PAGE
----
As a young female from an ethnic background, diversity is something important, whether that’s in reality shows or TV programs. It is vital to have other cultures incorporated in order to be educated about new perspectives and learn from other people’s experiences.
Reality shows always have a “token minority,” where they add a contestant from a different background to add the pretense of diversity to a homogenous cast. This is a shame as diversity should be accepted on all types of mainstream media.
Reality programs are supposed to engage viewers and provide drama unnecessarily. Whenever I watch a reality show, I always see the same type of people.
According to research conducted at Iowa State University, 90 percent of reality TV contestants are typically Caucasian and skinny. Producers occasionally add in African-Americans to attempt diversity.
The aim of reality TV is to entertain and watch real-life situations unfold, but this cannot happen if other ethnic backgrounds are not being represented.
Take ABC’s “The Bachelor” for example, a show where a guy tries to find love amongst 25 girls and chooses one person to marry. Since the show debuted in 2002, there has always been an overwhelmingly ‘white’ presence, not just with the contestants, but also with the choice of bachelors. Out of the 20 seasons, there has only been one bachelor from a minority background; Juan Pablo, who is Latino.
Fifty-nine percent of black contestants who have appeared on the show usually get voted off early in the seasons, mainly within the first two weeks. In 2013, the number of minority contestants increased to six, but then dropped again the following year to three.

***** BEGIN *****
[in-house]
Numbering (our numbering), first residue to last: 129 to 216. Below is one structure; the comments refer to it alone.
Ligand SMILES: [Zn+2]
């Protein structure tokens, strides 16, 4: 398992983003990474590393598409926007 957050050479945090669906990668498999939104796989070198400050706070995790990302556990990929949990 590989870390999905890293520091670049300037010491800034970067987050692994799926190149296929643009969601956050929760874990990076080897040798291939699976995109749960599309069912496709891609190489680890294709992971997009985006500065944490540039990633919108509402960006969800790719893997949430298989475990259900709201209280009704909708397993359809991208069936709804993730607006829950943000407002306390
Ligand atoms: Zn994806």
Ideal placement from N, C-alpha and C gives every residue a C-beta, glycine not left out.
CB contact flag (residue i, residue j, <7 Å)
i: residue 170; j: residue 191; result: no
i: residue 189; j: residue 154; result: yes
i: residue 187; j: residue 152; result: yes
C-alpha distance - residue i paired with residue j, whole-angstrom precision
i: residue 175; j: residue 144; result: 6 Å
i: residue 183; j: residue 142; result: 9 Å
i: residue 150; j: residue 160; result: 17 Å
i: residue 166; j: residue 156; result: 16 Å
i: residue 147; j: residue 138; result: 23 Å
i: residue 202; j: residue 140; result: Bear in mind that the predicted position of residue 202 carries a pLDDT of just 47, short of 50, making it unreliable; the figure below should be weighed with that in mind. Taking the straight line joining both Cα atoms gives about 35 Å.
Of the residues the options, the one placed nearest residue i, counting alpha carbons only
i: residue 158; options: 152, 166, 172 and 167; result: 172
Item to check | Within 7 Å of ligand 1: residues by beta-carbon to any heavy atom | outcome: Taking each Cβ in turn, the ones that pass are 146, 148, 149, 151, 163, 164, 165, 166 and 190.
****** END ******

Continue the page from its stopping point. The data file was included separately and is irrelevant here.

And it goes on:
According to CNN, the franchise was also targeted for a class action lawsuit in 2012 alleging racial discrimination. The suit alleged that ABC does not cast people of color because interracial romances would create controversy among the target audience. However, the case was dismissed, saying that the show has the First Amendment right to cast whoever they want.
Competition reality shows such as “Project Runway,” “Survivor” and “Top Chef” are wildly more diverse than “The Bachelor.”
“The Bachelor” portrays an unreflective reality to provide entertainment in fantasy situations, where stereotypes of “young” and “perfect” people want to achieve fame. The show doesn’t truly represent the concept of love and doesn’t reflect today’s America with people from multicultural backgrounds.
People want to see contestants who are similar to themselves, so they can feel more connected whilst watching the shows. Diversity is something that should be celebrated, as it brings people together and provides new perspectives in media.
Seeing the same stereotypes just makes the shows boring and predictable with no variety, which is not beneficial for production companies if they want to be re-commissioned each year.
Another example is CBS’ “Big Brother” which is always criticized for not having a variety of diverse contestants. Big Brother is a show where ordinary people live in a house for a month, complete challenges daily and are evicted weekly until the final two remain and viewers vote on who wins the cash prize.
Over the seventeen seasons, only 19 percent of contestants have been people of color. This show has the tendency for racism with a lot of racial slurs and comments. One contestant told an Asian-American housemate to “shut up” and “go make some rice,” as well as referring to her as Kim Jong Un.
This type of behavior is unacceptable, especially in today’s society when people should be treated fairly and equally.
This raises the question of whether America accepts multiculturalism compared to other countries, whether that is skin color, age, gender or background.
Seeing people similar to me in media makes shows more relatable and fun to watch, as I don’t feel singled out from everyone else. It makes me feel that if they can achieve success and do well, I can also strive to be like them.